Los Angeles mayoral candidate Antonio Villaraigosa launched a $490,000 advertising campaign Tuesday featuring a personal appeal for passage of a ballot measure that would boost the sales tax in Los Angeles County to pay for more police officers.
The Eastside councilman appears in the 30-second commercials that will run on English- and Spanish-language television stations and cable systems.
In the ad, Villaraigosa stands in front of a police car and says: "Metropolitan areas like Chicago and New York have about twice as many police officers per person as we do. If we want to get serious about stopping crime, we need more police."
Echoing arguments from leaders of the Measure A campaign, Villaraigosa says that raising the sales tax from 8.25% to 8.75% would put 5,000 new police officers and sheriff's deputies on the street, strengthen the 911 emergency communications system and fund crime-prevention programs to keep kids out of gangs.
Money to pay for the ads comes from a Villaraigosa campaign fund leftover from his tenure as speaker of the state Assembly.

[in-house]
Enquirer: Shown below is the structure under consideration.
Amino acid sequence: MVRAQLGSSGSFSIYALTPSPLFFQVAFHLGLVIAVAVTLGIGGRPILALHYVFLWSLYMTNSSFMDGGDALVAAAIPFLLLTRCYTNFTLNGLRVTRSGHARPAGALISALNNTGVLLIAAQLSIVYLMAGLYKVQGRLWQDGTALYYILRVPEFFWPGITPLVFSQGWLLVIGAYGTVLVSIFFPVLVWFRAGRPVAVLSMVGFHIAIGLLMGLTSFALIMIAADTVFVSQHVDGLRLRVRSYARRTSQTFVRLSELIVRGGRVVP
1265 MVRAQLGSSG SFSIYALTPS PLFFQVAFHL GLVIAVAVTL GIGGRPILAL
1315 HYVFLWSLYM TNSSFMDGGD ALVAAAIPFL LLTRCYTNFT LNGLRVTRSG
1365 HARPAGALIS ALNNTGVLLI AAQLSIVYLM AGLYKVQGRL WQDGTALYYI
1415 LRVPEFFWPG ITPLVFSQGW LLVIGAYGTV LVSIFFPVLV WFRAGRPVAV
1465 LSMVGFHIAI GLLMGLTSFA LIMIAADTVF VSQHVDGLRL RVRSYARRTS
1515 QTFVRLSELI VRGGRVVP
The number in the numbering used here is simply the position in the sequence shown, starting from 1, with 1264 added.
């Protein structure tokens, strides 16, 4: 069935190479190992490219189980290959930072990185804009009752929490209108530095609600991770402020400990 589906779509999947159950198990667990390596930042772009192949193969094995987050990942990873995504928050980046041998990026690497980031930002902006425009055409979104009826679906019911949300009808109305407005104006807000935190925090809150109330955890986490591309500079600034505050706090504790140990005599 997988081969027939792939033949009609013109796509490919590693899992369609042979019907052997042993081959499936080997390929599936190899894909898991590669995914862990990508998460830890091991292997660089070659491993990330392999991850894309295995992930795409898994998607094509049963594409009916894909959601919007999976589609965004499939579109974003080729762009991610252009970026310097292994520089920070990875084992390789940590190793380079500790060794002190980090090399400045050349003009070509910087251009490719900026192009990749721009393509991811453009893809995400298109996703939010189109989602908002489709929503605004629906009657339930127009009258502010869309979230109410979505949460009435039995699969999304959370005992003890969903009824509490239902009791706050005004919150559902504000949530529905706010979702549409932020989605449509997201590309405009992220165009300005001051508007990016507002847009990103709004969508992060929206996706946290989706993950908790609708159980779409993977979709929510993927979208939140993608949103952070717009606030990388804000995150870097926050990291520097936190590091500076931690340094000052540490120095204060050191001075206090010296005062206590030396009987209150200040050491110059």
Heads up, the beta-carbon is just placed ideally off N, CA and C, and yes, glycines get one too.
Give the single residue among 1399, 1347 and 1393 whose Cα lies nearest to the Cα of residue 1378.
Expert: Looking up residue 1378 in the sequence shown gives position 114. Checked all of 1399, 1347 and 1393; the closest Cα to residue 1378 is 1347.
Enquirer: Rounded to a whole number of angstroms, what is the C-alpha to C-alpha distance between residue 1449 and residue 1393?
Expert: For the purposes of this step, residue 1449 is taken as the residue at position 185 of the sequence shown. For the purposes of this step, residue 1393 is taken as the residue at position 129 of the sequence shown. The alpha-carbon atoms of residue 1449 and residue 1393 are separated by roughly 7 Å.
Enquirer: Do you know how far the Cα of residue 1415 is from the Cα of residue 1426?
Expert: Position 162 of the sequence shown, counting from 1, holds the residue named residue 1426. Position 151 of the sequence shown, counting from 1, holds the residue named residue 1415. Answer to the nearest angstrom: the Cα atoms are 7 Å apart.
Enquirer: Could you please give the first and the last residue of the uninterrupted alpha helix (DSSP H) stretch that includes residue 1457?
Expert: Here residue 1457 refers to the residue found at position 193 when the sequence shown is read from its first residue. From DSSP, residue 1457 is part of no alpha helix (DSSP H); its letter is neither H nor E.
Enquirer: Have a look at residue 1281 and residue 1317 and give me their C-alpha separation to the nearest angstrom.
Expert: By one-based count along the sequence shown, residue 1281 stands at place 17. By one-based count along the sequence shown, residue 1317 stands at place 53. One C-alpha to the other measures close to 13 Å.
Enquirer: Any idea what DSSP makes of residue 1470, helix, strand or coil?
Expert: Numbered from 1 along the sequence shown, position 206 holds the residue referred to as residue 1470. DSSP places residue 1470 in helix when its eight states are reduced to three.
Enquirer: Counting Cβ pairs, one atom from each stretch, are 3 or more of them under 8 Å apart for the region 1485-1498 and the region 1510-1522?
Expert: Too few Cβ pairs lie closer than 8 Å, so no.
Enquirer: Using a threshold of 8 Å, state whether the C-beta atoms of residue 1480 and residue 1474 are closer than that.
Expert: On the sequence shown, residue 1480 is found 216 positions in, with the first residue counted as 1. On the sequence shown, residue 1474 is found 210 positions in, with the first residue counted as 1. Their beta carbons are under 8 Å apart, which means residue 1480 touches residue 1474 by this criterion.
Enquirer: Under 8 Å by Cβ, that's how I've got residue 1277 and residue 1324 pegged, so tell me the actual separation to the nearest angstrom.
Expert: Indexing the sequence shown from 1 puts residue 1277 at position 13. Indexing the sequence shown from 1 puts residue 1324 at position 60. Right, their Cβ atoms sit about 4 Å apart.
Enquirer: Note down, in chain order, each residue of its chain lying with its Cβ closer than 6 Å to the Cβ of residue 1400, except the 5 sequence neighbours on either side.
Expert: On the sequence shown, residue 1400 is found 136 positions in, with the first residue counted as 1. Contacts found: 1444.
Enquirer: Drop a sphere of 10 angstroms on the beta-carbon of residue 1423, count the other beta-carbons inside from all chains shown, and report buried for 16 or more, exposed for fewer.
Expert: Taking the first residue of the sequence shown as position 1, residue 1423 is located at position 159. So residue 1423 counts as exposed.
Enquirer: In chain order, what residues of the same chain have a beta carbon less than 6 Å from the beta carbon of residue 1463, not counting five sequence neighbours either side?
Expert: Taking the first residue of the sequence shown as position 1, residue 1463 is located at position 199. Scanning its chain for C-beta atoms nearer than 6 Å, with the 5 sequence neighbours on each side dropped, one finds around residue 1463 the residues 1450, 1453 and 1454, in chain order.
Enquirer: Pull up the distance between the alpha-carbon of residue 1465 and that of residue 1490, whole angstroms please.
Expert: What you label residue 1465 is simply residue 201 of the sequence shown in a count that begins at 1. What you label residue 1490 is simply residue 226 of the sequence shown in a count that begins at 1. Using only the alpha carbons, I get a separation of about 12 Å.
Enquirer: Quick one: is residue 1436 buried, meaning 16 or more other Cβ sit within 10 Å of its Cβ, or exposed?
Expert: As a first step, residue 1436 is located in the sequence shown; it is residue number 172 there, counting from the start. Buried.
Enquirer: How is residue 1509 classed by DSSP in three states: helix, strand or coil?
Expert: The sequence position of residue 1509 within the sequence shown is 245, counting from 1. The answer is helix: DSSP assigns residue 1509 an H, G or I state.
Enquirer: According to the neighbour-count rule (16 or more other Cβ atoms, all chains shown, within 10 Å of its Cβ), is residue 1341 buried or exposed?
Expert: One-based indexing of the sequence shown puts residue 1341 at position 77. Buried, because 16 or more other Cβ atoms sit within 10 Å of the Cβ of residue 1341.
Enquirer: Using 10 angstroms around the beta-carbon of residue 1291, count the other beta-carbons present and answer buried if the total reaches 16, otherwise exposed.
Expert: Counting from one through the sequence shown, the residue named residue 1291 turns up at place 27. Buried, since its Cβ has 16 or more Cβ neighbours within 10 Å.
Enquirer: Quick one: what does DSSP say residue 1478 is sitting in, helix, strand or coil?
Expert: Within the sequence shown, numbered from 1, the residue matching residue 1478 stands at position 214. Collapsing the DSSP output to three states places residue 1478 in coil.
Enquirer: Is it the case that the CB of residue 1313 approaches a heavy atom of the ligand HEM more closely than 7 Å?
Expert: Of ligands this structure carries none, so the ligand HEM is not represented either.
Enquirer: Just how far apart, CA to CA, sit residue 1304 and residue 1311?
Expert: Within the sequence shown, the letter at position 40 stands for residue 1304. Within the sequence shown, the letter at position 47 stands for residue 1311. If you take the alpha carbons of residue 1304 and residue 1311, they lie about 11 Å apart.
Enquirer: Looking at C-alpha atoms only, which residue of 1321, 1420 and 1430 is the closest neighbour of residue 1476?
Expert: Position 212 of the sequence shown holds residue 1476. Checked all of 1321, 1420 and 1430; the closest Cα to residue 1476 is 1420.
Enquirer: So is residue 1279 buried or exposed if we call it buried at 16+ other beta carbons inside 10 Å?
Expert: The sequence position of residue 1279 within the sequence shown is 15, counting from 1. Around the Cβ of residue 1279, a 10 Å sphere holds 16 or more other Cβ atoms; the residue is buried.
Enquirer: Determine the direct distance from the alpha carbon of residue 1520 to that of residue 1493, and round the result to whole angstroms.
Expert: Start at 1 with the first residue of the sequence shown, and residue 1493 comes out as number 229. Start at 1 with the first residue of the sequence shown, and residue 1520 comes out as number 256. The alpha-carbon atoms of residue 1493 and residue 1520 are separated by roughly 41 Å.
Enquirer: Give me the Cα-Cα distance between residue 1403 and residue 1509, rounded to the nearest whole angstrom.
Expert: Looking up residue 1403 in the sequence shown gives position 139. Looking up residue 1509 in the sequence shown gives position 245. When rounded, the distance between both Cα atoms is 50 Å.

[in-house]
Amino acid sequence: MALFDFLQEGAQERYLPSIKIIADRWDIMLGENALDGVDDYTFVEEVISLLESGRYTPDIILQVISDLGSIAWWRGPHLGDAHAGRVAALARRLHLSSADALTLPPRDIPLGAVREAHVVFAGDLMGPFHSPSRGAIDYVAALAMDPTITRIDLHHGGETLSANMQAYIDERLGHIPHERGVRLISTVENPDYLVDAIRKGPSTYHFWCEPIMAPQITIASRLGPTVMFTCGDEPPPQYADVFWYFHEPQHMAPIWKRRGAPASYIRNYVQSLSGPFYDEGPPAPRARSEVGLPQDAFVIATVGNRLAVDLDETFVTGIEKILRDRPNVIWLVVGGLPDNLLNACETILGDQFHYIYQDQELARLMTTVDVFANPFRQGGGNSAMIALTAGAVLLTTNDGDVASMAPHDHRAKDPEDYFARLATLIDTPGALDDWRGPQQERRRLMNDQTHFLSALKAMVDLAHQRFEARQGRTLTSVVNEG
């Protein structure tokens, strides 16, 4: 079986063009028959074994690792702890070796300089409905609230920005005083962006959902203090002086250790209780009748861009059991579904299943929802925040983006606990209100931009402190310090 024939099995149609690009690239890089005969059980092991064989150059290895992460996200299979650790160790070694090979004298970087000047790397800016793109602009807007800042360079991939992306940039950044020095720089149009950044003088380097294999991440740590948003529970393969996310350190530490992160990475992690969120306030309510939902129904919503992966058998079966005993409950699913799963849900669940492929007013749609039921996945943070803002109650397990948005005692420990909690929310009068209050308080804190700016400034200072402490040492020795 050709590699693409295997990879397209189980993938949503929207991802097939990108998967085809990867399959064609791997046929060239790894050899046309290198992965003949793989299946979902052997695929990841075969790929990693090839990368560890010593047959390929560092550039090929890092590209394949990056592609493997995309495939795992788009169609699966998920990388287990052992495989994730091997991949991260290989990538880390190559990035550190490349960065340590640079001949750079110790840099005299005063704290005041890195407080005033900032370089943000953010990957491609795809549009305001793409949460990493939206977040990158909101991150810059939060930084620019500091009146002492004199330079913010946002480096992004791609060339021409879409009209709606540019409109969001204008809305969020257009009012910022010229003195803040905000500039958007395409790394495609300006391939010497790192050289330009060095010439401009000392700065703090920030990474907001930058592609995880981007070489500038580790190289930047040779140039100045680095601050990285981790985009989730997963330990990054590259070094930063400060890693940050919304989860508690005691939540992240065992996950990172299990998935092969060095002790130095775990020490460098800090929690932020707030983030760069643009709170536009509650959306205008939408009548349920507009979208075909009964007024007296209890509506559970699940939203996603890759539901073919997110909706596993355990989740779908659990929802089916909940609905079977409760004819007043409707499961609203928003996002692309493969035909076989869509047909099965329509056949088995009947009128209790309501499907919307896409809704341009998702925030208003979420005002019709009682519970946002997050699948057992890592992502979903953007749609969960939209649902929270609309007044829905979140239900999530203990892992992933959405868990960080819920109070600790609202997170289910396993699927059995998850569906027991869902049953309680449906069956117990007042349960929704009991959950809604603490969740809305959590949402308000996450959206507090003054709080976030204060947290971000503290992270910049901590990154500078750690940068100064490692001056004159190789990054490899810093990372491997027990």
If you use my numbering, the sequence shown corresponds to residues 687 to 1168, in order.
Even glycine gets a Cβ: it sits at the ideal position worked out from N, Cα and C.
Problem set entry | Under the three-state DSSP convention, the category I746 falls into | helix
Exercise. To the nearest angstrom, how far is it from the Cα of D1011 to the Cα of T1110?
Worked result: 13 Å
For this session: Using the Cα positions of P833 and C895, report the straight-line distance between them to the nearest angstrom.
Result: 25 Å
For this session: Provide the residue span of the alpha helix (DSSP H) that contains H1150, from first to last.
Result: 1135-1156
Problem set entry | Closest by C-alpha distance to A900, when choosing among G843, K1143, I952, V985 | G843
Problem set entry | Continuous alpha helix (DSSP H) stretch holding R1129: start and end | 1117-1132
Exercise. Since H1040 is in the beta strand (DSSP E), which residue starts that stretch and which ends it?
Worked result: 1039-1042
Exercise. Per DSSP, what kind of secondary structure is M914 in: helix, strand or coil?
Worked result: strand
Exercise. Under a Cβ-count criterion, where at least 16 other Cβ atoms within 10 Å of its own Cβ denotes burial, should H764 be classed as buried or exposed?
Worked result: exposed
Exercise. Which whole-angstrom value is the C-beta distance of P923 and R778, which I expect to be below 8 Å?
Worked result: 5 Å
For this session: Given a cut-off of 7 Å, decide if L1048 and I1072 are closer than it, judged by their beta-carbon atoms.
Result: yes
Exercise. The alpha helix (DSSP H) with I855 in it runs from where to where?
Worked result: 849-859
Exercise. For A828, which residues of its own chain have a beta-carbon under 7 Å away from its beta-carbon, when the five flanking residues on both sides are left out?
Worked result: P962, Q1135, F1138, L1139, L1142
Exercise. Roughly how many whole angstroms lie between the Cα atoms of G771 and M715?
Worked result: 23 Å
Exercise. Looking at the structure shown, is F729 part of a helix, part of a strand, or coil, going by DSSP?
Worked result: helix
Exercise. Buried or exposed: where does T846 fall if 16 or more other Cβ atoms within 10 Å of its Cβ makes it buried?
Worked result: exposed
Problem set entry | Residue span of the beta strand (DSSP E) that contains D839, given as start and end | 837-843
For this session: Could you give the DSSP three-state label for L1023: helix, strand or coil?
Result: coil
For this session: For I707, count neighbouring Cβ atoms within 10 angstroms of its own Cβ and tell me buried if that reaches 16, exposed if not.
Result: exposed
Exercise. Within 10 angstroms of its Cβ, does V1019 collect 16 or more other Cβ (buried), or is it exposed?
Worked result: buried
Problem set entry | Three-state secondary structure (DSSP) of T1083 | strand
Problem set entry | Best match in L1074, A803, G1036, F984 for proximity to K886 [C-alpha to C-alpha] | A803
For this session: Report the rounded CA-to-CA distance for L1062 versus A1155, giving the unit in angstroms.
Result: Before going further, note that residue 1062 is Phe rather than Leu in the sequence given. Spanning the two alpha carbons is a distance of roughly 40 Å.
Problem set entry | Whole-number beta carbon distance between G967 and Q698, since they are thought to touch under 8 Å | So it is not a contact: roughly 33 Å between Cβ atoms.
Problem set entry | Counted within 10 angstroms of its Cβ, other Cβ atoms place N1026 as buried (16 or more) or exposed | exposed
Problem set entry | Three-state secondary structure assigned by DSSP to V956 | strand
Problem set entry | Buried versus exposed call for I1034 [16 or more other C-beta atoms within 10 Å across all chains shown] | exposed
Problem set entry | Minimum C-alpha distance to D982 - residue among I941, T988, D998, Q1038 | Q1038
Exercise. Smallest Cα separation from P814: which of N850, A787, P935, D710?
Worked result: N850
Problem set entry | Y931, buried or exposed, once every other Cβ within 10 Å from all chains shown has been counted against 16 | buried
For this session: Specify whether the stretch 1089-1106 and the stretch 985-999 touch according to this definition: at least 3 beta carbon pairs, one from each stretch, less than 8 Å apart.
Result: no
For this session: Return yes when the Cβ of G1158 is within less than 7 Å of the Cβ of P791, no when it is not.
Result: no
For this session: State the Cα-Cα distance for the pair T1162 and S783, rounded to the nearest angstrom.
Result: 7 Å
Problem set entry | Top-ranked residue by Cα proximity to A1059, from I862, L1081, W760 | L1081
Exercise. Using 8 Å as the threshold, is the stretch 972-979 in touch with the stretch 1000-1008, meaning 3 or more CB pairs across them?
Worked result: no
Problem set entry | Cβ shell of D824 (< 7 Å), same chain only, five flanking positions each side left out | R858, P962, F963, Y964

Cal State Fullerton political science professor Raphael Sonenshein, an expert on Los Angeles politics, said Villaraigosa's ad is "a clever expenditure of money" that the councilman otherwise could not use in the mayor's race.
The city of Los Angeles restricts the amount of campaign contributions that can be raised from a single individual or business, but the state did not impose such limits at the time Villaraigosa was speaker.
The commercials being broadcast this week by Villaraigosa fill a gap created by the decision of the main Measure A committee to stay off the air this week and conserve their resources for a $1.5-million television advertising blitz in the final week before the Nov. 2 election. At a news conference Tuesday in the jewelry district of downtown Los Angeles, Sheriff Lee Baca apologized for the use of fake headlines on the opening page of the campaign's website. The phony headlines placed on top of an article from an Arkansas newspaper claimed that the crime rate is at an all-time high, which is not true.
Appearing with Los Angeles Police Chief William J. Bratton, Mayor James K. Hahn and others, Baca acknowledged the material posted on the website was wrong. It was removed Monday.
"The campaign consultant has apologized and accepted full responsibility for the error," the sheriff said. "Had I checked that website myself, I would have caught that and we wouldn't have had the embarrassment."